Currently, Nikon uses two different sizes of sensors in their cameras: FX and DX. What are DX and FX and how are they different? Which one is better and why? If you need a clear understanding of these formats and their differences, along with seeing actual image samples from both, this article is for you.
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What is FX and DX?
FX and DX are Nikon’s terms to refer to two different sensor sizes. FX refers to the full-frame sensor size, which is 36mm x 24mm. Any other full-frame camera has this sensor size as well, so a Nikon FX sensor is the same size as any other full-frame sensor.
Nikon has both DSLR and mirrorless cameras in the FX format. The flagship mirrorless Z9 as well as DSLRs like the D6 and D850 are FX cameras.
Nikon’s DX sensor size is 23.5 x 15.7mm. This sensor size is also often called APS-C, although technically some cameras that are called APS-C like Canon’s 90D use a slightly smaller sensor size than the Nikon DX format. Anyway, the DX sensor has about 42.7% of the area of the FX sensor, which is equivalent to saying that the FX sensor has 1.2 stops more total light-gathering ability. Here is a to-scale representation of these two sensor sizes:
Nikon also has three mirrorless DX cameras like the Z50 and many DSLRs like the outstanding D500.
Nikon originally introduced the smaller DX format with the Nikon D1 in 1999 because this smaller sensor size was easier to make compared to the full-frame size of film and modern full-frame sensors. Although smaller sensors have some disadvantages, DX or APS-C size sensors have survived until now and many photographers still prefer them due to cost and their relatively higher pixel density compared to most full-frame cameras.
Full-frame sensors came later to the digital world. Nikon took eight years after the D1 to release their first FX camera, the Nikon D3. Now, compared to APS-C, full-frame cameras are dominant in terms of currently available new models, but that does not mean APS-C has lost its charm.
DX vs FX: Field of View
Take take a photo with a full-frame camera and a 35mm lens that covers the full-frame sensor, and then crop it by about 1.5x on each side. By doing this, you will get the same composition as if you switch that 35mm lens to a DX camera and shoot in the same direction from the same spot. (Assuming nothing changes in your scene, of course). The number of pixels might be different due to different sensors, but the composition will be identical.
This change in the field of view is known as the crop factor. It simply means that a lens of a given focal length will have a narrower field of view in DX format. For wildlife photographers, this has in the past allowed more “pixels on the subject” with a DX camera because most FX cameras had lower pixel densities than DX cameras. And indeed, you still need to get a fairly expensive FX camera to match the pixel density of a cheaper DX camera.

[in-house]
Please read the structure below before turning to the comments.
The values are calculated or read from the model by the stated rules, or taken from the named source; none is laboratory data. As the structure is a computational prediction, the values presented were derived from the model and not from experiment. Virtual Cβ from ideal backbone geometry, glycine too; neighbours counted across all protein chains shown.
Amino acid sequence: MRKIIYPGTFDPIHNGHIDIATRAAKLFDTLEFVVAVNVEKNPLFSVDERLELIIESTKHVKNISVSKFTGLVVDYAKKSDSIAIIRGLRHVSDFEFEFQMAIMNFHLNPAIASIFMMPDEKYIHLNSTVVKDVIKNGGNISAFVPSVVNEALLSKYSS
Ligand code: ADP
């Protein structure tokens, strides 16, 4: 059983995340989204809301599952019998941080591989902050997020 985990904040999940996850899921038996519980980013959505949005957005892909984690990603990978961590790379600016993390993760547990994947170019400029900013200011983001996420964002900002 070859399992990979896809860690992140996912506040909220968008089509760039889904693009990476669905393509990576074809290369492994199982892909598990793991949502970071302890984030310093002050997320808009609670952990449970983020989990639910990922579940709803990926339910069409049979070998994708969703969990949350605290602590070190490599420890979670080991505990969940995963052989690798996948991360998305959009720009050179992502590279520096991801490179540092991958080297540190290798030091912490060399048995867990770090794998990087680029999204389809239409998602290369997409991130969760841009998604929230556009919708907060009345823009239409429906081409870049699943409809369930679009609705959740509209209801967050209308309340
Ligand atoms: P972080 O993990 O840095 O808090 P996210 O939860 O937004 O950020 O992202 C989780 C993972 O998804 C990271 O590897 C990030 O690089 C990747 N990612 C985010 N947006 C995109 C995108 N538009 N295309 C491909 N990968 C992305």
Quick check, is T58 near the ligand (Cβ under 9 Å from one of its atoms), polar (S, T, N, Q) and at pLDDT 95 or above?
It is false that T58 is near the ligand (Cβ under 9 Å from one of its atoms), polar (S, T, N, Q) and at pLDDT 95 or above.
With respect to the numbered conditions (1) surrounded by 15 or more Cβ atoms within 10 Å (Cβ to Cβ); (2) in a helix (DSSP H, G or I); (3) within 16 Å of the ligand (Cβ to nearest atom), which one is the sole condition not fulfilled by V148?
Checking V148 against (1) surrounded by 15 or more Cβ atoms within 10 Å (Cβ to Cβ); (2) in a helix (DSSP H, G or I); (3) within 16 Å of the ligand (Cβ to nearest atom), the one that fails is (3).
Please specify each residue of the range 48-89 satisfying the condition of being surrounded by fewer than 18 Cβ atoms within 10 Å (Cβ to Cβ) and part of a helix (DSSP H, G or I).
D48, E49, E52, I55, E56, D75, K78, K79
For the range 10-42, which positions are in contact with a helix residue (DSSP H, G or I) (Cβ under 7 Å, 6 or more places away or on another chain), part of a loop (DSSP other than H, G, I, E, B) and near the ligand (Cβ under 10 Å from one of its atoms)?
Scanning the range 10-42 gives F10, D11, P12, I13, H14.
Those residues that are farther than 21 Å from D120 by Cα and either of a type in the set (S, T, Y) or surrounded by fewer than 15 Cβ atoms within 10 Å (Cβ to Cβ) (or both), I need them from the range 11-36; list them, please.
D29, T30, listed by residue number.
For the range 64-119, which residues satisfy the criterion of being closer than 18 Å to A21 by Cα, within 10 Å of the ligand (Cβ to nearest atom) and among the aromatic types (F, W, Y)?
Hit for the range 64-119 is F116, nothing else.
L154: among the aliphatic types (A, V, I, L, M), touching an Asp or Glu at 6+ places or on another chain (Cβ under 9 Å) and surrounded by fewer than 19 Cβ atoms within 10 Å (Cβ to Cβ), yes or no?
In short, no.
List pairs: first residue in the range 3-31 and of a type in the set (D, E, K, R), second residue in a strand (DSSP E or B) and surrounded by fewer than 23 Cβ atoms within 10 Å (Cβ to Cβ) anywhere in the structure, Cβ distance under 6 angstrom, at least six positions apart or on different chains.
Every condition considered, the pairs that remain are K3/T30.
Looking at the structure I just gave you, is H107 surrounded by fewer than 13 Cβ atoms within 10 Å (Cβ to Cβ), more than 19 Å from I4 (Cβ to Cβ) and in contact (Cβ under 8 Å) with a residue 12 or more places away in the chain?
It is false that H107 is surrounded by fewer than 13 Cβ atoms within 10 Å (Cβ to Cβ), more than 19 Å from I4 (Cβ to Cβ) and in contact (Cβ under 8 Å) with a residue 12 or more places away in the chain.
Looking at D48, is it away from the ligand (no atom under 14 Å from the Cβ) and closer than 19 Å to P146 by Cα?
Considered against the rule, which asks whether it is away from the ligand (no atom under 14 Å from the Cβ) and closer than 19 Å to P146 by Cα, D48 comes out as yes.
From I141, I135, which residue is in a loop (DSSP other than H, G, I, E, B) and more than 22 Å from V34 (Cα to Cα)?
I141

Today, however, there are many more choices for high-pixel density full-frame cameras. For example, the Z9 has almost exactly the same pixel density as the D500, so in this case, the DX D500 offers no additional “reach advantages” to the Z9.
On the other hand, while you can crop a full-frame image to match the field of view provided by a DX camera, you cannot un-crop. Therefore, full-frame cameras give a wider field of view than APS-C cameras with the same lens, which is helpful for taking very wide shots. For example, with an APS-C camera, it is impossible to get the wide field of view of the Nikon 14-30 f/4 lens combined with a full-frame Z camera.
The wider field of view of a full-frame camera can be helpful in wildlife even if you are cropping to DX levels. This is because it will be easier to track birds in flight or other animals with more space in the viewfinder, especially if you own a fixed prime and can’t zoom out to locate your subject.
DX vs FX: Light Gathering Capability
Being a larger sensor, FX can gather more total light. Does this mean that an FX camera has better low-light performance than a DX camera in the real world? Sometimes, it does.
In situations where you can move in closer with otherwise the same settings, you will get better low-light performance with an FX camera. For example, I shoot the Nikon 500mm f/5.6 PF lens. If I shoot a bird with my DX D500, and then move in closer to get the same composition but with my Nikon Z6, I will get about 1.2 stops more light and hence better low-light performance.
Here is an actual comparison between the Nikon Z6 and Nikon D500 (which has the same sensor as the Nikon Z50) with identical exposures and the same lens, but with the Nikon Z6 moved in closer to match the field of view given by the D500: